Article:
Pain normally happens at the underside of the heel and may extend into the arch of the foot. The pain might be sharp at the heel, however normally feels as a generalized discomfort or pains in the heel and arch area. Because the irritated plantar fascia tightens up in the evening, pain is generally the worst initially rising in the early morning.
Discomfort from plantar fasciitis is often worsened by standing, walking, or running. Normally, the existence or lack of a "heel spur" is not substantial. In between 30 and 40 percent of the general population has a "heel spur" (on X-ray) and yet, there is no discomfort. Your physician and physical therapist will determine the best treatment for you.
The objectives of the following treatment approaches are to decrease inflammation and discomfort, boost versatility, reduce extreme stress on the plantar fascia, and promote recovery of the fascia. Tape the arch of your foot (usually done by a physical therapist or athletic trainer). Pad your heel (for convenience). Utilize an in-shoe orthotic device-- this might be an over-the-counter or custom device recommended by a podiatrist, doctor, or physiotherapist-- to keep the foot stable and control excess foot motion.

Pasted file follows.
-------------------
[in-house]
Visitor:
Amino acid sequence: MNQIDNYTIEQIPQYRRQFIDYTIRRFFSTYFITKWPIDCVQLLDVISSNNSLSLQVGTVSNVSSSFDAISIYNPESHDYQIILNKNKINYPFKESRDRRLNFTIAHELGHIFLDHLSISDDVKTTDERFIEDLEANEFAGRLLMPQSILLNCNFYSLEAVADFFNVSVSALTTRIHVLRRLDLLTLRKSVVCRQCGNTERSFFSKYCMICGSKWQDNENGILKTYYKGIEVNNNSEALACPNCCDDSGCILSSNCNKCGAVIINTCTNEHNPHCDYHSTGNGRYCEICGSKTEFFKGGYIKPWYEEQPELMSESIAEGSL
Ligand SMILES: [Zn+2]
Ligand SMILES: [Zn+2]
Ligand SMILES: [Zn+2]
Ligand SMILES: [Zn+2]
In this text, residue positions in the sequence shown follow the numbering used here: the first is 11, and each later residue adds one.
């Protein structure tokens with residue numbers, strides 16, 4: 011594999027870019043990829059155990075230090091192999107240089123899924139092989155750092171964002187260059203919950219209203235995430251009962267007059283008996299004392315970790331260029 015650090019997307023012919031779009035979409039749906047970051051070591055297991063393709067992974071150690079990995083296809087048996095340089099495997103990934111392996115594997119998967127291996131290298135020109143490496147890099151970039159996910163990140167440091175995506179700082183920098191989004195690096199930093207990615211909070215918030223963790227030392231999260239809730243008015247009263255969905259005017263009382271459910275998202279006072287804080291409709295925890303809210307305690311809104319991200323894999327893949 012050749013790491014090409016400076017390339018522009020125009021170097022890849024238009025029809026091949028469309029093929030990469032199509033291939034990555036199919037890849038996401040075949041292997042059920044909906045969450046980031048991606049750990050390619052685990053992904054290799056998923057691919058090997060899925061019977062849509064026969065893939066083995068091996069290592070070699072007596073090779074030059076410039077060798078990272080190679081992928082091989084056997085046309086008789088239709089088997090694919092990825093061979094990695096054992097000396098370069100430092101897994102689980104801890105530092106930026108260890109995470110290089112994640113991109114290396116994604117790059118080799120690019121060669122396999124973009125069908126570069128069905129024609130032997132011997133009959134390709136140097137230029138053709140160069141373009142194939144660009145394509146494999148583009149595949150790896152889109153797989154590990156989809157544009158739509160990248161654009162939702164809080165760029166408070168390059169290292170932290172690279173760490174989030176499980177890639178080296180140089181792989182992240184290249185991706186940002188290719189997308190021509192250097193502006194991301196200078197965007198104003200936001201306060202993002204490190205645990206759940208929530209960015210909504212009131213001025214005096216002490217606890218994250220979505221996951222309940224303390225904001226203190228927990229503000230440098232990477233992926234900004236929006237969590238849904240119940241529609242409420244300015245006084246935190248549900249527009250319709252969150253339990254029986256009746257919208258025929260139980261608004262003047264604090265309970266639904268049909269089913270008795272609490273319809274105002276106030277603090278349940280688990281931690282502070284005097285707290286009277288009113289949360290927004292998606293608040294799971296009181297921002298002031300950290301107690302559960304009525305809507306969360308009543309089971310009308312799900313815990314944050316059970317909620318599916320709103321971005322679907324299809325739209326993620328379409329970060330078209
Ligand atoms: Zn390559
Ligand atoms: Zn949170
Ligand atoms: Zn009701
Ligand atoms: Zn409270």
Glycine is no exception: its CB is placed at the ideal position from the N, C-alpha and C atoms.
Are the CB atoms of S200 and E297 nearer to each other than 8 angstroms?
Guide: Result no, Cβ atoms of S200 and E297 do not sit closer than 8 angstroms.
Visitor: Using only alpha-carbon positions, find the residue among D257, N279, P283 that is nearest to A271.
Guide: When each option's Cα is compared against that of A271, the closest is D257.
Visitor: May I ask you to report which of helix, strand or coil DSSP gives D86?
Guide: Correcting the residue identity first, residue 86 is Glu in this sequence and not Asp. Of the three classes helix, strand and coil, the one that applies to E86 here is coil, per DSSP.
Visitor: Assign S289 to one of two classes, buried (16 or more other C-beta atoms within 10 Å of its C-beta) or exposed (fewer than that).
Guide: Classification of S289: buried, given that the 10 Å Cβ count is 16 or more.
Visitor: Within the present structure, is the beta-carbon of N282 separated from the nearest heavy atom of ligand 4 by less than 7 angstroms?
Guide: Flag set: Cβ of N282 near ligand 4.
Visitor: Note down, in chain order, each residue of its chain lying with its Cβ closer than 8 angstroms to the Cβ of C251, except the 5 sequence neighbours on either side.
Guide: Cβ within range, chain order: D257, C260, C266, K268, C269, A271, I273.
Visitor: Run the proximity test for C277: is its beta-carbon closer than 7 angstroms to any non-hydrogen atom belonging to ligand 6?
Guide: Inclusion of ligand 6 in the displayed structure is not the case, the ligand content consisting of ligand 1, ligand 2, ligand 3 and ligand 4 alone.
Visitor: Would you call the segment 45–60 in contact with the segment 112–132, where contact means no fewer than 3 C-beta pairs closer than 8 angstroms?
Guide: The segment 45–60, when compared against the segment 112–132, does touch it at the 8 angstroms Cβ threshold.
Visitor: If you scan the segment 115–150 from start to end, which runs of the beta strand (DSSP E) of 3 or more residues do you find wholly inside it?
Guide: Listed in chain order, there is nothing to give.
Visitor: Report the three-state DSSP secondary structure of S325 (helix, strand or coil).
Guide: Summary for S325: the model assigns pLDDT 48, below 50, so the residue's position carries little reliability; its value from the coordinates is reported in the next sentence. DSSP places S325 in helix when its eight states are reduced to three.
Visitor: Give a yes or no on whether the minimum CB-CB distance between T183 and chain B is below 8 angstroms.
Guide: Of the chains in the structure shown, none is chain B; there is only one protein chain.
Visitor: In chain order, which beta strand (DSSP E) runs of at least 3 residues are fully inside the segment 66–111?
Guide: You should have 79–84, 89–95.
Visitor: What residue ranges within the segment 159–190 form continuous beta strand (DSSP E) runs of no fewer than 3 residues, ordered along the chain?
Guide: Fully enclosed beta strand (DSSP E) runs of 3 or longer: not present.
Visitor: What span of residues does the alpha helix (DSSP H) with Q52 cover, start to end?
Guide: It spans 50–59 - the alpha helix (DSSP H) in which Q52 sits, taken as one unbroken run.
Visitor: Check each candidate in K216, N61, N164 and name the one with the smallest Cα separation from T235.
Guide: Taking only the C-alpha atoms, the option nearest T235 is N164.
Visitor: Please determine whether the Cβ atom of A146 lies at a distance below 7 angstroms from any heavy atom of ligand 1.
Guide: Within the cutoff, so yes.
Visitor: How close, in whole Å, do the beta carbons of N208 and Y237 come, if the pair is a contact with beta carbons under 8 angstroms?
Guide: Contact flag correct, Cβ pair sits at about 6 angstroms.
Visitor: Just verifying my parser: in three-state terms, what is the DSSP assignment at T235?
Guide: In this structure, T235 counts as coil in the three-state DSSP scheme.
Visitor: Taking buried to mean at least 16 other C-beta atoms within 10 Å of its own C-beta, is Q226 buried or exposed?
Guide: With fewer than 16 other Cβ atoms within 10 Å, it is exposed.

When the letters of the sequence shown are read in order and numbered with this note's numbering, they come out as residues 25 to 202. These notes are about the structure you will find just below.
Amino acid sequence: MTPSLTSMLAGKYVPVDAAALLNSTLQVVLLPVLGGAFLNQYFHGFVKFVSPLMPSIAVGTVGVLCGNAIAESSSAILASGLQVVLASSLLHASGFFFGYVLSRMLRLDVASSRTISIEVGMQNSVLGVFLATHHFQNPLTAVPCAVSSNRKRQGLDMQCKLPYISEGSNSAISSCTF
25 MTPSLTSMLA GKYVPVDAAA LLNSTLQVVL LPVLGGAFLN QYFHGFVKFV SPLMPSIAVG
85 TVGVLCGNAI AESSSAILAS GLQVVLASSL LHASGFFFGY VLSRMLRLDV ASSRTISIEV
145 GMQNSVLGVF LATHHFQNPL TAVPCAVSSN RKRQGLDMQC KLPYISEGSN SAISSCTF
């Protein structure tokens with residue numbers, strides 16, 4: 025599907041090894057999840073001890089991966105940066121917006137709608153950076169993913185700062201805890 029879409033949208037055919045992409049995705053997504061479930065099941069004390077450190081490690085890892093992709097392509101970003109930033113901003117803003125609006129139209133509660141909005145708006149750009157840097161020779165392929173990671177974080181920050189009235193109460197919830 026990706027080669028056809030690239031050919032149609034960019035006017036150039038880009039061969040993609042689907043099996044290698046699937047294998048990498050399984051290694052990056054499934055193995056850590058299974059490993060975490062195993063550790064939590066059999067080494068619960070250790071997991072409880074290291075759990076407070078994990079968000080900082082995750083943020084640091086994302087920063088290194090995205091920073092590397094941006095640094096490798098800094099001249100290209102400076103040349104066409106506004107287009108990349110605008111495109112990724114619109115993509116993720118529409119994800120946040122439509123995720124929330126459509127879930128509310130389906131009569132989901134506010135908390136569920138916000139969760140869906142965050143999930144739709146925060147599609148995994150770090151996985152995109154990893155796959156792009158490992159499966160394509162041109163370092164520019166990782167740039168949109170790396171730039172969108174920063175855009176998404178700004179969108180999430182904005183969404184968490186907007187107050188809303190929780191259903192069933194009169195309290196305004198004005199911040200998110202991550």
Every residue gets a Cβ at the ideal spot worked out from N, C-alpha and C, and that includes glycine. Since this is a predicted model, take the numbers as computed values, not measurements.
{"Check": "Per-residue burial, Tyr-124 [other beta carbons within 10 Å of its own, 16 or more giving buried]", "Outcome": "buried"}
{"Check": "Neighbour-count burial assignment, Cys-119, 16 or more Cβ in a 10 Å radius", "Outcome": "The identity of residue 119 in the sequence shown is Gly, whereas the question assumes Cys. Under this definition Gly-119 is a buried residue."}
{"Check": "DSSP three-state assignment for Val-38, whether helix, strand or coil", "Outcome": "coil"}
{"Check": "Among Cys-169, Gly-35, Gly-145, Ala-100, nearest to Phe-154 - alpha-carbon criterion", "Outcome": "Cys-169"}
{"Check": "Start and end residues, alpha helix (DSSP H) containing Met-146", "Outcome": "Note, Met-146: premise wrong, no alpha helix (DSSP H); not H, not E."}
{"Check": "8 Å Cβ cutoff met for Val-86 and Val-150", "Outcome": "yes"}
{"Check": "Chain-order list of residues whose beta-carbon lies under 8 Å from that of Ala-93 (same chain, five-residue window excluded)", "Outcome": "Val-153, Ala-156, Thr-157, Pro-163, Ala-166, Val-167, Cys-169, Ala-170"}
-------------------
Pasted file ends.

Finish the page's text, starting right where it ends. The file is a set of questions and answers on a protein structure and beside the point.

Take anti-inflammatory medicine (by mouth, for 2 to 3 weeks.) Examples of anti-inflammatory medications are aspirin, ibuprofen (Advil, Motrin), and naprosyn. Massage with ice. Fill a paper cup of the way with water and freeze it. Peel away the upper part of the cup to expose the ice. Apply the ice directly to the heel and arch area and move around in a circular fashion for around 5 minutes or till the skin feels numb.
Purchase shoes that provide sufficient support for your feet and particularly those made for specific activities. (Your physician or physiotherapist might direct this.) Perform physical therapy to consist of stretching (Achilles tendon and calf muscles), strengthening, and use of anti-inflammatory techniques, consisting of ice, ultrasound, or iontophoresis. Iontophoresis is a treatment that uses an electrical existing to deliver dexamethasone to the afflicted area to minimize swelling.